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Get ready now: 2020 could be CRE’s ‘annus horribilis’

At first glance, it appears that the commercial real estate sector is in a happy place. It enjoyed its ninth straight year of growth in 2018, as rents and valuations continued their upswing across all asset classes, according to JP Morgan. And with that backdrop, CRE professionals were deemed to be ‘generally quite upbeat’ about the industry’s fortunes, in the latest Global Commercial Property Monitor report by RICS.

Yet, with almost a decade of good times under our belts, all the signs are that we might now be best off preparing for something of a shock. The International Monetary Fund has revealed that the 2019 global growth rate looks set to be the weakest since 2009, when the world’s economy actually shrank. There are ongoing trade tensions between America and China. There’s the never-ending political mess that is Brexit which looks set to exacerbate under our new prime minister. And according to JP Morgan, several market analysts have predicted a recession. If it’s broad, they say it will hit CRE harder than other sectors, due to increases in unemployment and pressures on cost.

No-one knows whether the industry will have its first ‘annus horribilis’ in almost a decade. But with this now looking more likely, now is the perfect time to take stock, and get our own houses (or rather, estates) in order, so we can prepare for the worst, while hoping for the best.

While co-working and serviced spaces were once attributed to start-ups, we now see a surge in interest from corporates looking to manage risk in uncertain times.

Here are a number of areas where flexible space can make a difference to your ongoing CRE strategy and portfolio.

PEOPLE:
Flexible office agreements allow organisations to improve the engagement, productivity and retention of their key people. Labour is the highest cost for businesses. It’s estimated that the UK alone spends £10 billion per year on servicing office space for an estimated 10 million workers. Meanwhile, the average occupancy of an office desk can be as low as 30% on specific working days. Further, according to Legal and General, it costs up to 3 times an employee’s salary to replace them. Arguably, it has never been more important to provide engaging working environments, to support retention and become an employer of choice for new talent.

PLANET:
Across the world, businesses are subject to ever-increasing regulation and compliance requirements regarding energy and carbon. It’s no secret that buildings which leak energy also leak cash. The most advanced corporates are saving money and carbon by using sustainable buildings across their estate. In addition simple concepts such as using flexible space that is closer to where your customers are and your employees homes means less commuting and therefore is kinder to the planet.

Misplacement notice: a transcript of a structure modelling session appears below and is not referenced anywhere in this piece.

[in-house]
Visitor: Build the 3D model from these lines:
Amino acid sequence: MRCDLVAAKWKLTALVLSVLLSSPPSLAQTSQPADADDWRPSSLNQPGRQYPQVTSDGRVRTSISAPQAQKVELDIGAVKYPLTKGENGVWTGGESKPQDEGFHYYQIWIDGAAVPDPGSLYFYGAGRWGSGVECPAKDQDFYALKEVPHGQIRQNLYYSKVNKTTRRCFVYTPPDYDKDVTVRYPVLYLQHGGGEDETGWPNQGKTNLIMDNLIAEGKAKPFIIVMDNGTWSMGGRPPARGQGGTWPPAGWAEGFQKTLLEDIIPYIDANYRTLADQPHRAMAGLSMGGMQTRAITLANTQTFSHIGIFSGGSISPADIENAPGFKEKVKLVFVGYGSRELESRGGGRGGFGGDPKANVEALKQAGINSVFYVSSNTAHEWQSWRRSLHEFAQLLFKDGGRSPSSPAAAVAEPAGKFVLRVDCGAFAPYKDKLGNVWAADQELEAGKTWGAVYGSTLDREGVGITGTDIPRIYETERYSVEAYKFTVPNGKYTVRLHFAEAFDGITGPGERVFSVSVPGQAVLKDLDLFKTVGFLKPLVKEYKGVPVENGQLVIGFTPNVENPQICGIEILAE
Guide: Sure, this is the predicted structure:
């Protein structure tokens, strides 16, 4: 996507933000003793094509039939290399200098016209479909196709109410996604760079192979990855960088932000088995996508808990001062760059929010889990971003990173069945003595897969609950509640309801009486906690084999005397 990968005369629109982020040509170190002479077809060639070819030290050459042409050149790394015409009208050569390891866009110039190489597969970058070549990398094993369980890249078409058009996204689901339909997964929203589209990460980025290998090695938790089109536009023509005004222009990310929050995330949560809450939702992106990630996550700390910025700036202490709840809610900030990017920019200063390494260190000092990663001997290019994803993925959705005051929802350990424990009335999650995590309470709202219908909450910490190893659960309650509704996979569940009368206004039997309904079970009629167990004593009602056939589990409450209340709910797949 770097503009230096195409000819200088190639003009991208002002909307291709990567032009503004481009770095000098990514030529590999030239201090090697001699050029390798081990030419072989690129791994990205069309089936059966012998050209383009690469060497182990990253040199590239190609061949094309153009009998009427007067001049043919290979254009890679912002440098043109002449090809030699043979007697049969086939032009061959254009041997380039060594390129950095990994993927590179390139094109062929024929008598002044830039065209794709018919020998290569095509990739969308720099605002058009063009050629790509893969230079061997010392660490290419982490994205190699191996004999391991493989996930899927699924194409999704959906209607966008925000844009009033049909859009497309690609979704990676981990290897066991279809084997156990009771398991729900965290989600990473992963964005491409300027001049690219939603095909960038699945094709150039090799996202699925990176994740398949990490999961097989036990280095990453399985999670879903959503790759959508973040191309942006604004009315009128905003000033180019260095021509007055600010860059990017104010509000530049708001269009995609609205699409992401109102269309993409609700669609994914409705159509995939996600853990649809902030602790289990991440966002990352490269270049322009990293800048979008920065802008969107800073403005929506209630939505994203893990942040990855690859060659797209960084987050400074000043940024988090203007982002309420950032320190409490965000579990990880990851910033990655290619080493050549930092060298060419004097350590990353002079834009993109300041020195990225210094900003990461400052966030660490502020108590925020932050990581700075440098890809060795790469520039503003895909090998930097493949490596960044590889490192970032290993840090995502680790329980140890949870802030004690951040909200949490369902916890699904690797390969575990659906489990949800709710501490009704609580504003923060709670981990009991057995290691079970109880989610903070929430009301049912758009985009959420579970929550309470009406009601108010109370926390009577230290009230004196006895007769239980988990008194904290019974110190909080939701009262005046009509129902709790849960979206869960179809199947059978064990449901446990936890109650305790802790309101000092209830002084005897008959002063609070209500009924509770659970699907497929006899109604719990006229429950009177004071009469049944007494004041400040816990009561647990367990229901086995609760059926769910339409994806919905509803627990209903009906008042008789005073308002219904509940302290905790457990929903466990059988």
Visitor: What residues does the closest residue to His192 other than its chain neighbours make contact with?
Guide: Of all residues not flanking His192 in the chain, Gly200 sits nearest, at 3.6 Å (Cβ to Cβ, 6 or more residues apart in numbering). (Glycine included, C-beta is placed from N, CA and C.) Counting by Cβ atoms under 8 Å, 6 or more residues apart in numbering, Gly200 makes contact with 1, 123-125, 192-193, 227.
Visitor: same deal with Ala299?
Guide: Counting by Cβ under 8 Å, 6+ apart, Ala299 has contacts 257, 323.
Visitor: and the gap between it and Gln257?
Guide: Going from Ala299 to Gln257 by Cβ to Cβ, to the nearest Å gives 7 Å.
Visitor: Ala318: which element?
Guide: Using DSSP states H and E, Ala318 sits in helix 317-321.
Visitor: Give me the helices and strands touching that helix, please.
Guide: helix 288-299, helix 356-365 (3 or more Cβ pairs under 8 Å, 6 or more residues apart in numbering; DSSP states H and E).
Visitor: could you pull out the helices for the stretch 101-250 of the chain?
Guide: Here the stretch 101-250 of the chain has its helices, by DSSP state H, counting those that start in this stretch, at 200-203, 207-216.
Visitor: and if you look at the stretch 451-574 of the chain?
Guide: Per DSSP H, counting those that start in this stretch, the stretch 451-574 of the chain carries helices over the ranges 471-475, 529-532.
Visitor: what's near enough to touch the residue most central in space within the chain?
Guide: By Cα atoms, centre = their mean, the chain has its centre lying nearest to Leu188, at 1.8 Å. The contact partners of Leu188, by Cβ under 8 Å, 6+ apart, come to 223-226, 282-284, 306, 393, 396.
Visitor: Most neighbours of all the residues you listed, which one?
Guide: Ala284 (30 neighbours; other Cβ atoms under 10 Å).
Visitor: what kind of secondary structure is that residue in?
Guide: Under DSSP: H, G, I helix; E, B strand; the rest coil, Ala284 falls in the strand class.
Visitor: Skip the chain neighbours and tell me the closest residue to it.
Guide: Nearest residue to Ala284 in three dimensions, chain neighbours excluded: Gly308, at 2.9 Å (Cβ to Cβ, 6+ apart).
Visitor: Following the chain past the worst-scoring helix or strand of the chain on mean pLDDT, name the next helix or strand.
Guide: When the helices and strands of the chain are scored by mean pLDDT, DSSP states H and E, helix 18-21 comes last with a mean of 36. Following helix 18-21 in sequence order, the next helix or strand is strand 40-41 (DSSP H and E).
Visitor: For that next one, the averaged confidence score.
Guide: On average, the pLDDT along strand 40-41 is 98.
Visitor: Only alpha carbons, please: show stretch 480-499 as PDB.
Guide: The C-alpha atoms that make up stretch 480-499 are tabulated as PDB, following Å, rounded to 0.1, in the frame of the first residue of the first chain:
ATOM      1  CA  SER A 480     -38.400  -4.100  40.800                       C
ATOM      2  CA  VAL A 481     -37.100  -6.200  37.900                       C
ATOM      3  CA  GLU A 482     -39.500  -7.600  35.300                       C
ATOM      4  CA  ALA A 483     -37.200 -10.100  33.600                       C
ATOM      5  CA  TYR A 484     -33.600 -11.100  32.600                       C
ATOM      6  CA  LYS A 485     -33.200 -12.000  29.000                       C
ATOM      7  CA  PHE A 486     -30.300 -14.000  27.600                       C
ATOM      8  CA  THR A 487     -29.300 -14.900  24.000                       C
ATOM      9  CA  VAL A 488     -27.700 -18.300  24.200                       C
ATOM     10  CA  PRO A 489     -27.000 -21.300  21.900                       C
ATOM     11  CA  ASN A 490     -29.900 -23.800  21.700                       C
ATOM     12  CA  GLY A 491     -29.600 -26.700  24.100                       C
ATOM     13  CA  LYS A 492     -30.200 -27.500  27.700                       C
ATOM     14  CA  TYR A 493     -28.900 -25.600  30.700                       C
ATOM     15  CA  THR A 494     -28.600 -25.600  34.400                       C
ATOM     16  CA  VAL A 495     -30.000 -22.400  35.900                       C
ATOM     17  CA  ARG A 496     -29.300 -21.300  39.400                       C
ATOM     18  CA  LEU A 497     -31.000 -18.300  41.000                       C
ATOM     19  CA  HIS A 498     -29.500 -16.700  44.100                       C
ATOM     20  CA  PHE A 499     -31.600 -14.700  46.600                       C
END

PROFIT:
After labour costs, physical buildings represent one of the biggest outlays for corporate firms. Inflexible long leases that do not mirror the dynamic way business evolves means corporates end up locked into uncompetitive rates, or paying for space they don’t even need. This is made worse by the knock-on effects of over-paying on business rates and utilities across void space.

In contrast, savvy firms use external expertise to source flexible space in the ideal location, for a flexible period of time. Serviced offices support their growth strategy.

Time for action
The use of serviced offices is predicted to rise to 30% of all office space in the next decade.

In an age where people shop around every year for car insurance, CRE professionals must continually review their office leasing strategy and flexible space agreements to ensure they’re getting best value.

Better still, when it’s not core business, outsource this task to a broker who can scan the entire market and use established relationships to negotiate the best possible rates.

At a time of significant economic and political uncertainty, at least we can be sure that this flexible approach provides an immediate solution and could help to avoid an annus horribilis for the corporate real estate world.

 

Kurt Mroncz is MD of Offices iQ, a global broker for serviced and flexible offices

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